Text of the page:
But when we voted on the National Libertarian Platform, it almost felt as if we were contemplating some kind of centralized government, where issues such as life and death had to be agreed upon by all. There was a lot of disharmony caused by questions we should not have been considering in the first place. Those issues should be taken up by the Libertarian Party Affiliates in each state separately.

Our Founding Fathers disagreed completely on questions of great moral significance. If they had had to agree about slavery, for instance, in 1776, then we would have had the Civil War before we ever had our Republic, and the British would have won! The constitution is an ingenious document that allows people to agree to disagree about matters of conscience, while working together to fight off a common enemy. On all issues that we don’t agree upon, we should leave it up to the states to decide, each according to its own preferences. But when it comes to our common enemy, the Federal government in the hands of Statists, we should all stand united, because today’s Federal government is a thousand times more oppressive than the British were in 1776. And that’s why I think the National Libertarian Party should have no plank on abortion or the death penalty – except to say those are state issues for our affiliates to decide for themselves.

As the convention proceeded, more and more people came in who had not been there at the start. I believe that on May 29 people arrived for the express purpose of voting for Gary Johnson and Bill Weld, people who had shown no interest in our platform, had not attended any of the debates and were not open to any kind of discussion of the issues. The way the Libertarian Party is set up, who shows up on the day of the big vote can decide everything, and it is possible for delegates to be recruited from outside the party on short notice if their state chair approves them. I think we may have been outnumbered by people who were Libertarian in name only.

On the day of the vote for the presidential nominee, I was expecting we would have a fight on our hands, but I still thought we would win. Gary Johnson had bombed in each and every one of his debates, including the last one in which he blamed free enterprise for the loss of jobs in the coal industry. He had earlier spoken in favor of forced association in the famous Nazi cake debacle, and he was endorsing a vice presidential candidate who was for gun control and had blocked ballot access for the Libertarian Party in his state. There was no way any Libertarian delegation was going to vote for him, we thought. He was not libertarian about the economy, he was not libertarian about second amendment rights, he was tone deaf to the core beliefs of our party, and so he was bound to lose. At least, he would, if Libertarians voted their conscience.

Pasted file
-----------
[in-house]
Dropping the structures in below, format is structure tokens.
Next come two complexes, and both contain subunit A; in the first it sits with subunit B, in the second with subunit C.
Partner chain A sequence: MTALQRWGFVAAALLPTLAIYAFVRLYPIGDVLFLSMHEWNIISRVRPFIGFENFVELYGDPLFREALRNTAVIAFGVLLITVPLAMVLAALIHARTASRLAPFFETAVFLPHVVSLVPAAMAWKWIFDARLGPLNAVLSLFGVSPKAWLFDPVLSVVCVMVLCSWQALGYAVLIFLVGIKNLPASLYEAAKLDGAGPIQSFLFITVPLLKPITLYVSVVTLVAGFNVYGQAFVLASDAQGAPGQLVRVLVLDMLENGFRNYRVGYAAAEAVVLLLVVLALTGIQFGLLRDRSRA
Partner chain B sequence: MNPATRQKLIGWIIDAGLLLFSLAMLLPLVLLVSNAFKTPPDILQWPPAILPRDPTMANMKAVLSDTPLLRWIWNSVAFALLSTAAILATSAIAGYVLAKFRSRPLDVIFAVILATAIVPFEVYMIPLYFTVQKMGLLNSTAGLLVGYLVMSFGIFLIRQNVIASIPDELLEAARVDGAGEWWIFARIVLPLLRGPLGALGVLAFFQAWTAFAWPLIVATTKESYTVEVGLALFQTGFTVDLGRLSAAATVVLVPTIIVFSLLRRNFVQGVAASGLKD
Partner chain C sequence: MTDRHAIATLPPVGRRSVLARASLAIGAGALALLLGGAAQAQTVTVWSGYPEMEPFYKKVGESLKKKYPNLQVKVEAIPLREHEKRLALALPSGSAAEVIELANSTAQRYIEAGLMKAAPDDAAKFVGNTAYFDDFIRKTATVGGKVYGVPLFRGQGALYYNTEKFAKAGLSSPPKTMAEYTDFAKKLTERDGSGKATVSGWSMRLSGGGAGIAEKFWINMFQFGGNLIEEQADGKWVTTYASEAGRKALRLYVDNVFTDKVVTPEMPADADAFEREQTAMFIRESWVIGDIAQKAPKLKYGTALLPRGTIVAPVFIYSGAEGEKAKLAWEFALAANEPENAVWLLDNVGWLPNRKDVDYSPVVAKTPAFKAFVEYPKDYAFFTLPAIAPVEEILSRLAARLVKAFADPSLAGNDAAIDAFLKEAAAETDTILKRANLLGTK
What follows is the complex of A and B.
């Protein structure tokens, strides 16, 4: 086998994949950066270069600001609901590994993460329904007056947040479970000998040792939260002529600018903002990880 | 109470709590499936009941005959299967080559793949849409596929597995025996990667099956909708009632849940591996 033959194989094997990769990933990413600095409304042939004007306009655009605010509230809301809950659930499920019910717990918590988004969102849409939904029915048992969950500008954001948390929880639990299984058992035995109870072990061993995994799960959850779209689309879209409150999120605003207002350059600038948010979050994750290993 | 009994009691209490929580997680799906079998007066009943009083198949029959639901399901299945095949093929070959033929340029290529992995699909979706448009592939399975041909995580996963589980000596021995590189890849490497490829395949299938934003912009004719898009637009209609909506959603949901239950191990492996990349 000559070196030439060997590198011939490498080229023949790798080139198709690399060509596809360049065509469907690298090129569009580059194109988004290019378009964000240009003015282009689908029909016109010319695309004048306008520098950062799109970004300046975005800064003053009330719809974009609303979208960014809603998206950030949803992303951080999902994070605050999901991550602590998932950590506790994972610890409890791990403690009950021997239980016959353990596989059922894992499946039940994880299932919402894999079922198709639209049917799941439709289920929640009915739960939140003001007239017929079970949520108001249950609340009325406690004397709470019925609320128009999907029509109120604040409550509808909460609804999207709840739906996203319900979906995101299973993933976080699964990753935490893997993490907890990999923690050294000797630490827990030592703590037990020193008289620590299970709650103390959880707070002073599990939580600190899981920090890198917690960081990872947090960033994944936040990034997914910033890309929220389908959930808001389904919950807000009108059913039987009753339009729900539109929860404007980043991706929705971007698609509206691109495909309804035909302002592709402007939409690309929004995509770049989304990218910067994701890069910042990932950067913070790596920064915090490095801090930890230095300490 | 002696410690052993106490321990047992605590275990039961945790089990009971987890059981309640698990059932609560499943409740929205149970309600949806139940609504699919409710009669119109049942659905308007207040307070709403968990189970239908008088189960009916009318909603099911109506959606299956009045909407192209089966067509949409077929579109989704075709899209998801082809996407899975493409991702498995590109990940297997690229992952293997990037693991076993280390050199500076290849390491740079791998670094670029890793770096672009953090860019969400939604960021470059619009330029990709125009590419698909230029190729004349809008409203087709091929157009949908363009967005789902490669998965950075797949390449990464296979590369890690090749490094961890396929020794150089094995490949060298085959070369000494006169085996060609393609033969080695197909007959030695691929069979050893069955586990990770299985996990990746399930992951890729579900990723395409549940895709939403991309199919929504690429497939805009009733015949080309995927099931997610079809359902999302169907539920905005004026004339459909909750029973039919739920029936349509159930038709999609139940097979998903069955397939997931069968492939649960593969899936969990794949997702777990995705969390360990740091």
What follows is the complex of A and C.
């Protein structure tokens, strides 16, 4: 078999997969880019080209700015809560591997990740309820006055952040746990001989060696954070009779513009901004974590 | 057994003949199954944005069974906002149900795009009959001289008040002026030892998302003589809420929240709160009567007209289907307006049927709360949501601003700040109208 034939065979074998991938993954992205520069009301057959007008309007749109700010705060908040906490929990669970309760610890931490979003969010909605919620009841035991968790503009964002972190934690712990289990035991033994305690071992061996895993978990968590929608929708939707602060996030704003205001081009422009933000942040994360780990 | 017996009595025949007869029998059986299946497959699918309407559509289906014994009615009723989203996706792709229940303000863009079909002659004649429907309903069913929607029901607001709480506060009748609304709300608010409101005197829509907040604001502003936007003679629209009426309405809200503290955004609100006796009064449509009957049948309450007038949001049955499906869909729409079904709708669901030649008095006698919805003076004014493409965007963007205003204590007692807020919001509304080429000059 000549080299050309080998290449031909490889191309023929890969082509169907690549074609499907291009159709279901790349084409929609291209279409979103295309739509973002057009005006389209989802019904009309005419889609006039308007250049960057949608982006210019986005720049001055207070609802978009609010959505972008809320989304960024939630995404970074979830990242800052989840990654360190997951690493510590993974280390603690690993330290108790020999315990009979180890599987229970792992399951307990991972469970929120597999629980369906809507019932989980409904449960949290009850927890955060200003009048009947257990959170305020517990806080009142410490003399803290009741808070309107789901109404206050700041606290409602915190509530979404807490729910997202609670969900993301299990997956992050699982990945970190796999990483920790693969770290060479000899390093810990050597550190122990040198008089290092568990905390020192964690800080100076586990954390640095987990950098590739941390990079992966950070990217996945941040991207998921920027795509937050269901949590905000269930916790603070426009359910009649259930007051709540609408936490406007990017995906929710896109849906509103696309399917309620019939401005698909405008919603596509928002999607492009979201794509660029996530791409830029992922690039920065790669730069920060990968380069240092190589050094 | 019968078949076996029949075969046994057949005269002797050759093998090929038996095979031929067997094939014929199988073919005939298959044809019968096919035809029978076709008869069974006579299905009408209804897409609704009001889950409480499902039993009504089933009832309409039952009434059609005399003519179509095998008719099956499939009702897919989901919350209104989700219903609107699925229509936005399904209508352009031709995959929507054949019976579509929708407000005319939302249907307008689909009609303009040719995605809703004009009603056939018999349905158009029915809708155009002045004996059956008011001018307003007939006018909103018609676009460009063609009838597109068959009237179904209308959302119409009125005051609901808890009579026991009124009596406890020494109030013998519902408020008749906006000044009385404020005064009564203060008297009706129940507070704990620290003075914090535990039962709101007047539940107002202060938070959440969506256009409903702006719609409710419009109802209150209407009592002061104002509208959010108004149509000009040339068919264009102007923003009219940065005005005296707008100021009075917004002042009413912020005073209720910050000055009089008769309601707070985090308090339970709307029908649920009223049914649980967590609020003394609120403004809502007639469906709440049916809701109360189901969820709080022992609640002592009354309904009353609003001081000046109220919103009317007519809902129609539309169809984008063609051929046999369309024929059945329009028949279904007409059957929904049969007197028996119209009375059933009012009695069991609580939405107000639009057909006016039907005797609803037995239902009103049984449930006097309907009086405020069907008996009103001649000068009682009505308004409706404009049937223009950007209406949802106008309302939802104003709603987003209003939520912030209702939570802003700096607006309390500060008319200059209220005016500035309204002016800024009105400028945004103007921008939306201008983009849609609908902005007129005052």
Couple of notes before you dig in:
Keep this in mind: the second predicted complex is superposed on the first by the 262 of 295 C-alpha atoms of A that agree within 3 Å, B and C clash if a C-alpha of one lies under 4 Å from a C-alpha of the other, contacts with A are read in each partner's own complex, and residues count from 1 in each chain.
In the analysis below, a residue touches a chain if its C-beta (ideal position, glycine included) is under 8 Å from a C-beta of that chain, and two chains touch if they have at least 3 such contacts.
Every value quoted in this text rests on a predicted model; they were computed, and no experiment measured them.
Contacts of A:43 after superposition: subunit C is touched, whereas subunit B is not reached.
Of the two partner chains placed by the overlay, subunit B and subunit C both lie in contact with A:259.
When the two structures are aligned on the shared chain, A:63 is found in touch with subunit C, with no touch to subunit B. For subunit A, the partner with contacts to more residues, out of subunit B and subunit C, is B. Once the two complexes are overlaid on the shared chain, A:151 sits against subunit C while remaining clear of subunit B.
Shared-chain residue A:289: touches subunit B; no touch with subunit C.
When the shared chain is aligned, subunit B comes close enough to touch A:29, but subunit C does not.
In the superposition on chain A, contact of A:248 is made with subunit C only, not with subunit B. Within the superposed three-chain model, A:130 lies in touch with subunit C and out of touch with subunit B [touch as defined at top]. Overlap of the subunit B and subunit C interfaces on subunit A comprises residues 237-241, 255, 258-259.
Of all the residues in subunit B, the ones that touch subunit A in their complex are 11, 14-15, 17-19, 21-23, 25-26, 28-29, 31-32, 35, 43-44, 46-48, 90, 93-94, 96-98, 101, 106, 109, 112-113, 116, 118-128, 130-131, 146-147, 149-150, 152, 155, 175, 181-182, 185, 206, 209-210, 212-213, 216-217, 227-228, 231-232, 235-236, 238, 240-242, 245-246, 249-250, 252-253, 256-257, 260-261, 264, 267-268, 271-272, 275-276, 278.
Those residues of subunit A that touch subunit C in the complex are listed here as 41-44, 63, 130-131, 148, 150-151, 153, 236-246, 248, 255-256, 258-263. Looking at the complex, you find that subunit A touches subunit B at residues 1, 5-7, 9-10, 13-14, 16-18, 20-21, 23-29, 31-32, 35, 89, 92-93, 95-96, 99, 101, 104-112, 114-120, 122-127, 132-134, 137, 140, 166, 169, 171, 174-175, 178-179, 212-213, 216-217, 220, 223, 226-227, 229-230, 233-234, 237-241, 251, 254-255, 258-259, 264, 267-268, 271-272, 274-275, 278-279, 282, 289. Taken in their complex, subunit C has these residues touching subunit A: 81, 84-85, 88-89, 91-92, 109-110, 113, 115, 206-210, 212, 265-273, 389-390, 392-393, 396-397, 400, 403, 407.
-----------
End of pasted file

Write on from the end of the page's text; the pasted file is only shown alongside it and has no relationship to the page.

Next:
We knew Austin Petersen would not get a majority on the first ballot, because many people were supporting John McAfee and Darryl Perry and even Dr. Marc Allan Feldman. These were all viable libertarian candidates, and we understood why someone might want to vote for them. But we had spoken to the delegates, and they said that if their favorite candidate dropped out, they would vote for Austin Petersen. This seemed good enough. We were all agreed we would prefer to have a second choice candidate with core libertarian values rather than see Gary Johnson win. If McAfee had gotten more votes than Petersen, then I think Austin Petersen would have dropped out, and then I would have voted for John McAfee along with all the other Petersen delegates. That’s how responsible delegates behave. We wanted to choose a real libertarian to represent our party in the national presidential election. We did not want another Statist.

Photo Credit: Missy Martin. Results on first presidential nominee ballot


The first ballot was cast. Our group voted for Petersen. Gary Johnson did not get a majority, although he did get the highest number of votes, and this meant that if all those who had voted for someone other than Johnson had chosen to unite behind one candidate, then we — the real libertarians – and not Johnson, would have had a majority. We did not necessarily think this would happen on the second ballot, but we did not expect to lose so fast. We knew that our candidate was speaking with the other candidates in hopes of working out a deal.


Contrary to what we had hoped, John McAfee did not step down. On the second ballot, his supporters continued to vote for him regardless of how it would hurt the party. Most of the Feldman supporters switched to Gary Johnson. A few Petersen supporters bailed ship, though we did gain some votes. And so on the second ballot, Gary Johnson was the party’s presidential nominee.

LP Second Ballot Rachel Maisonet
Photo Credit: Rachel Maisonet

Those of us who were supporting Austin Petersen were devastated. However, Petersen was a true gentleman, conceding victory to Johnson, offering to support him, and showing a token of his esteem by gifting Johnson with a valuable replica of George Washington’s flintlock. But, Petersen said, he could not support Governor Johnson’s pick of a running mate, Bill Weld, and so he was endorsing Alicia Dearn.

We were all prepared to vote for Alicia Dearn as the Libertarian Party’s Vice Presidential nominee, but before we had a chance, Dearn, instead of giving her prepared speech as a VP candidate, called Bill Weld to the podium and asked him to promise all of us assembled there on the convention floor that he would not betray us.